Yesterday was a day for small discoveries and little projects. Here are a few:

1. The spread between repo rates and EONIA — which I watch as a proxy for the collateral shortage in Europe — is not normally strongly correlated with the EURIBOR-EONIA spread, a measure of funding stress. Thus, the co-movement of the two in 2012 suggests that there was a common factor that was driving both. This was probably, of course, the European crisis.

2. Last week I saw a chart that appeared to show a strong relationship between credit spreads and corporate leverage in Europe. I wondered whether there was a similar relationship in the US. I could only get data on the Bloomberg going back to the mid-1990’s, but there did appear to be a relationship between the debt/profits ratio of US corporates and the BBB spread. The point about Europe was that credit spreads fell in 2012 as corporate leverage (surprisingly) increased; in the US, corporate leverage remains low.

3. I often say that there is not a strong relationship between corporate profit growth and earnings growth. Yesterday I tested this assertion, and found it to be broadly true. Using YOY percentage changes, there is a weak, but statistically significant, relationship (R-squared = 0.24) between profit growth and GDP growth based on quarterly data going back to the mid-1960’s.

4. I wondered whether Japanese property might be behind the equity market in factoring in the effect of the looser policy environment in Japan. I did not look at property values directly — buying Japanese property directly would be difficult — but at Japanese REIT’s. These have outperformed the equity market over recent months, and in aggregate are trading at a small premium to net asset value. There is not an obvious value trade to be done here.

5. How can we tell whether the outlook for the labour market has improved “substantially”, as the Fed would require to end its asset-purchase programme? I have made a simple composite index for the labour-market outlook. I combined two rate-of-change series (non-farm payrolls and initial jobless claims), two levels series (the unemployment rate and the employment-to-population ratio) and an assessment of the general economic outlook (the Bloomberg consensus GDP growth estimate for the next calendar year). The index shows little improvement since a peak early in 2012, which is at least consistent with the Fed’s decision to embark upon QE3.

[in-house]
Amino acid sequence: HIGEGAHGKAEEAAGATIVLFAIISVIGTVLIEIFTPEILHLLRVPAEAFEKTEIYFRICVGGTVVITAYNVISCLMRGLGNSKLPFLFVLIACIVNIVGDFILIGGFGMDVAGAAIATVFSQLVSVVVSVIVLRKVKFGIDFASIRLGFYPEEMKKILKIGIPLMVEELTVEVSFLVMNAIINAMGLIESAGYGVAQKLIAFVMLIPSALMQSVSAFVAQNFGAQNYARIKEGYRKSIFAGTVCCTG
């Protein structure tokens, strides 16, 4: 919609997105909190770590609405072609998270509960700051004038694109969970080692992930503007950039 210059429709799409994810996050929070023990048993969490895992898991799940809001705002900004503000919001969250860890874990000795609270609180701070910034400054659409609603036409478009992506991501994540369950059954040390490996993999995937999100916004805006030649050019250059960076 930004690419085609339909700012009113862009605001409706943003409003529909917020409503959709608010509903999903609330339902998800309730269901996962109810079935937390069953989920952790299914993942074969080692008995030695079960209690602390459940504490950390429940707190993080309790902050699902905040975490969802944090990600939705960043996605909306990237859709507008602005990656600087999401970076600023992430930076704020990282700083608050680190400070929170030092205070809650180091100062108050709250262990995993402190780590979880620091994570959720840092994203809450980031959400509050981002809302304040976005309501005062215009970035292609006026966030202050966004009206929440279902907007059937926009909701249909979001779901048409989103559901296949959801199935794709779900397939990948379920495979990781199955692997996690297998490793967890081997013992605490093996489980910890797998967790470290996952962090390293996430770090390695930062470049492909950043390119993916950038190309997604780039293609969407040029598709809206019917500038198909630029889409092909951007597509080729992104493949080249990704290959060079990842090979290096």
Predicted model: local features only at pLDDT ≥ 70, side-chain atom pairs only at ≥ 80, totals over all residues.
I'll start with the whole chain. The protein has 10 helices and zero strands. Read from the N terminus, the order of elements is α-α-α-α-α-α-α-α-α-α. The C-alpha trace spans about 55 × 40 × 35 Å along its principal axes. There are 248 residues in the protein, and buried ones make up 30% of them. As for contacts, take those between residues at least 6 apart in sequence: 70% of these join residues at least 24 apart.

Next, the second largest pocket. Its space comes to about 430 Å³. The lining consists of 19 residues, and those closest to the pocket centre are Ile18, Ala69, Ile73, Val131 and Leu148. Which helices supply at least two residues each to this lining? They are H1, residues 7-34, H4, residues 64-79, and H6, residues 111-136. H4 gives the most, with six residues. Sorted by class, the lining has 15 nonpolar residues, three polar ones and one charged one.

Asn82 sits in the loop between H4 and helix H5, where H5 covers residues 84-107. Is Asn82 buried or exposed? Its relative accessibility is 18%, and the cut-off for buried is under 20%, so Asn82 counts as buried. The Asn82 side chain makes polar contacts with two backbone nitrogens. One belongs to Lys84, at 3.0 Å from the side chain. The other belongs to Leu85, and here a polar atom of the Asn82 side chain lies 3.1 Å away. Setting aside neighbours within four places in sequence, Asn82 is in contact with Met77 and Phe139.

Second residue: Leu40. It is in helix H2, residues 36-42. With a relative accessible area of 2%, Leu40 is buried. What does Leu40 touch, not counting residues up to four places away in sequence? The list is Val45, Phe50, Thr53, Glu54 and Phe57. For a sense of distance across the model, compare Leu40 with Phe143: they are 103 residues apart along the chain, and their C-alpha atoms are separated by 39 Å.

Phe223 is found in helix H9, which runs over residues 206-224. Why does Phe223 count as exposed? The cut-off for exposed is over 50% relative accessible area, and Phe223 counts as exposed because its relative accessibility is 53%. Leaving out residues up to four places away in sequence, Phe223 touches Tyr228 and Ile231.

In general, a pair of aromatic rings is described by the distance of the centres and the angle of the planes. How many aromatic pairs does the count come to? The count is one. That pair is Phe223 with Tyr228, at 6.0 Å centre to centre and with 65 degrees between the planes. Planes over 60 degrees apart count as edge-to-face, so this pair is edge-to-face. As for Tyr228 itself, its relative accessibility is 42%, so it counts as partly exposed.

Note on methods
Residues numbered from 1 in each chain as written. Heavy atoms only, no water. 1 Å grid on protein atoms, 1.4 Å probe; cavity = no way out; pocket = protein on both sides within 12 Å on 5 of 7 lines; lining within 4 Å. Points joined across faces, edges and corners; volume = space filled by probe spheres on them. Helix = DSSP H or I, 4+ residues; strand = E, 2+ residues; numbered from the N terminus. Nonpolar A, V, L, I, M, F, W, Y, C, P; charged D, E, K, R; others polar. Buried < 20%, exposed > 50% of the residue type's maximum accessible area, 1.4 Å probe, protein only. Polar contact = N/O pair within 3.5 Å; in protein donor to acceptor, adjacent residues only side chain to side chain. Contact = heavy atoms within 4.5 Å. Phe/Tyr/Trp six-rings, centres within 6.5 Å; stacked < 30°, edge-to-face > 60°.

I mentioned yesterday that a vote on the debt ceiling had been scheduled in the House. The Republican plan is to raise the ceiling for three months, with a requirement that both chambers agree a plan for long-term deficit reduction, on pain of lawmakers having their salaries withheld. American politics remains a circus with the Republicans in the role of lead clown — the idea of pushing lawmakers around by restricting their salaries is ridiculous. Still, from a market point of view, the debt ceiling issue is likely to go away.

As everybody is reporting, the BoJ adopted a 2% inflation target and will continue its asset purchases at a rate of Y13tr/month once the current programme ends at the end of this year. It was hard to see how the BoJ could have surprised to the upside, and the JPY is up a little, presumably because there was no immediate increase in the rate of asset purchases.

There seem to be articles everywhere that talk about the excellent prospects for equities. Bloomberg has a particularly effusive one today. In themselves, these articles usually contain no information, but their prevalence may contain some: they are much more common towards the top than towards the bottom.